Generally, you can just use the ">" to empty a log file. For example, to clear out /var/adm/syslog, just use:
That will empty the file while leaving ownerships and permissions intact.
Sometimes, however, you have a program that keeps the file open while it writes to the log. In such a case, you may need to stop the program, clear the log, and restart.
Note that using ">" under those conditions WILL free disk space but removing the file will not until the program holding the file open exits.
You can easily check to see if any process is using a file with "fuser" or "lsof":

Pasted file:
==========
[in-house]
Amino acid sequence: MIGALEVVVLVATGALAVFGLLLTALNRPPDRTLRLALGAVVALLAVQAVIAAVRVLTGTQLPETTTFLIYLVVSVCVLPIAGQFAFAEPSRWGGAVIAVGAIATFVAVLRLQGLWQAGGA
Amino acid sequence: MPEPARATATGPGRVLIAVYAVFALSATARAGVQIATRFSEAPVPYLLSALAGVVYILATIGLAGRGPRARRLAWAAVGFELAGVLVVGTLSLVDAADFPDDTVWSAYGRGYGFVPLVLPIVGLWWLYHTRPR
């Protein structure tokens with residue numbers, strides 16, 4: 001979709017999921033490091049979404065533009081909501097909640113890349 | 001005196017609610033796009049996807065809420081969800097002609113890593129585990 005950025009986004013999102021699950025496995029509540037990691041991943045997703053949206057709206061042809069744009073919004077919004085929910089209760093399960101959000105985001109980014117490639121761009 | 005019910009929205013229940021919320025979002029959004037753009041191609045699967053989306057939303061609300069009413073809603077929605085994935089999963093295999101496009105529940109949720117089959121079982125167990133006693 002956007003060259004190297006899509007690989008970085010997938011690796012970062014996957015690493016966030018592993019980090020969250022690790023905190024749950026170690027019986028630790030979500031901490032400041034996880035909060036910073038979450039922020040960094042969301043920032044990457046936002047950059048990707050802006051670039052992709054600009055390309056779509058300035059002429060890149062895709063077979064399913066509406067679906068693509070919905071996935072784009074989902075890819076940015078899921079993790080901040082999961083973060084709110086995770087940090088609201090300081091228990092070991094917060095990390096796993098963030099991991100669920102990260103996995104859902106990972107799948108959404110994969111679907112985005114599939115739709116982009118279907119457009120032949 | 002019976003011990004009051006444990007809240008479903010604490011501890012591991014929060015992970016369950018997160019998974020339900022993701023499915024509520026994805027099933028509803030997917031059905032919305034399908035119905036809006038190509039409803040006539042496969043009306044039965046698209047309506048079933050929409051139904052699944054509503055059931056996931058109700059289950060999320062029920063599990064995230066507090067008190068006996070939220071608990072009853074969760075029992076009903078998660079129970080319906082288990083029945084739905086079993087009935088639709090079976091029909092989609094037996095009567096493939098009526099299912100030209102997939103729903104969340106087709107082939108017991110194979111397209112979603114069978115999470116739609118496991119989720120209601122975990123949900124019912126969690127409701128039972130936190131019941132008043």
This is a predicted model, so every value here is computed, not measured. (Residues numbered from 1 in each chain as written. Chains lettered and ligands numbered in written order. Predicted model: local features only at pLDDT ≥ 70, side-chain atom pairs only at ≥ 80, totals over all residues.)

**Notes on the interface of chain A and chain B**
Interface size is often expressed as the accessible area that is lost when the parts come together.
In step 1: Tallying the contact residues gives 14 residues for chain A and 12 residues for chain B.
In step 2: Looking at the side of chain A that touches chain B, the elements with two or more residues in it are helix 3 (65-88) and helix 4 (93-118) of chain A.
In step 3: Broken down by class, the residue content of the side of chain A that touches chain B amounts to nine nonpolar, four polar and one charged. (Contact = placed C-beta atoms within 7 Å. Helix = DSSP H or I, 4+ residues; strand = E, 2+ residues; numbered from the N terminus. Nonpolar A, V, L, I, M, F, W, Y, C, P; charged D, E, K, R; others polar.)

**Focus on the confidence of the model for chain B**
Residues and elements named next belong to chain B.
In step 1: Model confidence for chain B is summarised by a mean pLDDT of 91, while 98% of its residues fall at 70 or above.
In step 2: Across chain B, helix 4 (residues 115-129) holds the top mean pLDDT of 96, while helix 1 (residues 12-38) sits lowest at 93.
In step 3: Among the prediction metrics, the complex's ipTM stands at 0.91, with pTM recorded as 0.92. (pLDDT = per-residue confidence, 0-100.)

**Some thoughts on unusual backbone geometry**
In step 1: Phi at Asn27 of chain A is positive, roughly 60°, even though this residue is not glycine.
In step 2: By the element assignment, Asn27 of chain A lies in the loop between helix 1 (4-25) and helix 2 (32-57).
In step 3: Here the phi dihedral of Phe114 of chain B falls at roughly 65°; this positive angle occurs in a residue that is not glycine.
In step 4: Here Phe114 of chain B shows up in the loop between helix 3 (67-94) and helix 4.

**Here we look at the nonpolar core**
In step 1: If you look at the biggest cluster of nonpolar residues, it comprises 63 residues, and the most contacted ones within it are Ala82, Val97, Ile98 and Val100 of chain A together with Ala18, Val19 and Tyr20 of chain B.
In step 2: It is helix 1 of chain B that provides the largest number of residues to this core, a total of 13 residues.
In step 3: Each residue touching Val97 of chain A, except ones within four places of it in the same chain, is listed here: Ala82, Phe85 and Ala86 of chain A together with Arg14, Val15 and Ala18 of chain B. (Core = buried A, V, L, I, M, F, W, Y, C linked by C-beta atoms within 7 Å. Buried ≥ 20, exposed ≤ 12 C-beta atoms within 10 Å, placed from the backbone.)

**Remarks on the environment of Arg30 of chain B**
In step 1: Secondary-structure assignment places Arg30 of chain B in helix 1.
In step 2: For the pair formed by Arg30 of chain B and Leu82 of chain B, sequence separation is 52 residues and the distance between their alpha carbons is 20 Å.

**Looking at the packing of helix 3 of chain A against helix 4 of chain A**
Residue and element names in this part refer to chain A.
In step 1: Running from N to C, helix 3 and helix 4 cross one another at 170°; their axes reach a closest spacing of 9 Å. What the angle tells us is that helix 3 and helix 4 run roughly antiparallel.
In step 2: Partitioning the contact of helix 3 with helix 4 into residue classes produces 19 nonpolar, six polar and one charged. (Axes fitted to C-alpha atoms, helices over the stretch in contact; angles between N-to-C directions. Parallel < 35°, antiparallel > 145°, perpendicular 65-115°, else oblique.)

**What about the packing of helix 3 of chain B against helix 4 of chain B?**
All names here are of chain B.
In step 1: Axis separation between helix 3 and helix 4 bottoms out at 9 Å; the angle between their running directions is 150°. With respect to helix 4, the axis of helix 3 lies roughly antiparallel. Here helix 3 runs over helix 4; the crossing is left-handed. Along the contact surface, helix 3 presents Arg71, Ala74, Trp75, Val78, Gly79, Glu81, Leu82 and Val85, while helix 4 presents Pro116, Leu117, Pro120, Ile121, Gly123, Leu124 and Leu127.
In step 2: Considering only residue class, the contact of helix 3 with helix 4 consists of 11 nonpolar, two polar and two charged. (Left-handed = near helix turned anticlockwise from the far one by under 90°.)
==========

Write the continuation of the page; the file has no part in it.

will return the pid of syslog. You can combine all this:
ps -p `fuser /var/adm/syslog`
(It's not necessary to stop the syslogd process when clearing syslog)
An alternative to clearing logs is to rotate them - "logrotate" is available on Linux - you control it through a conf file and it will compress old logs as often as you like and only keep as many as you say.
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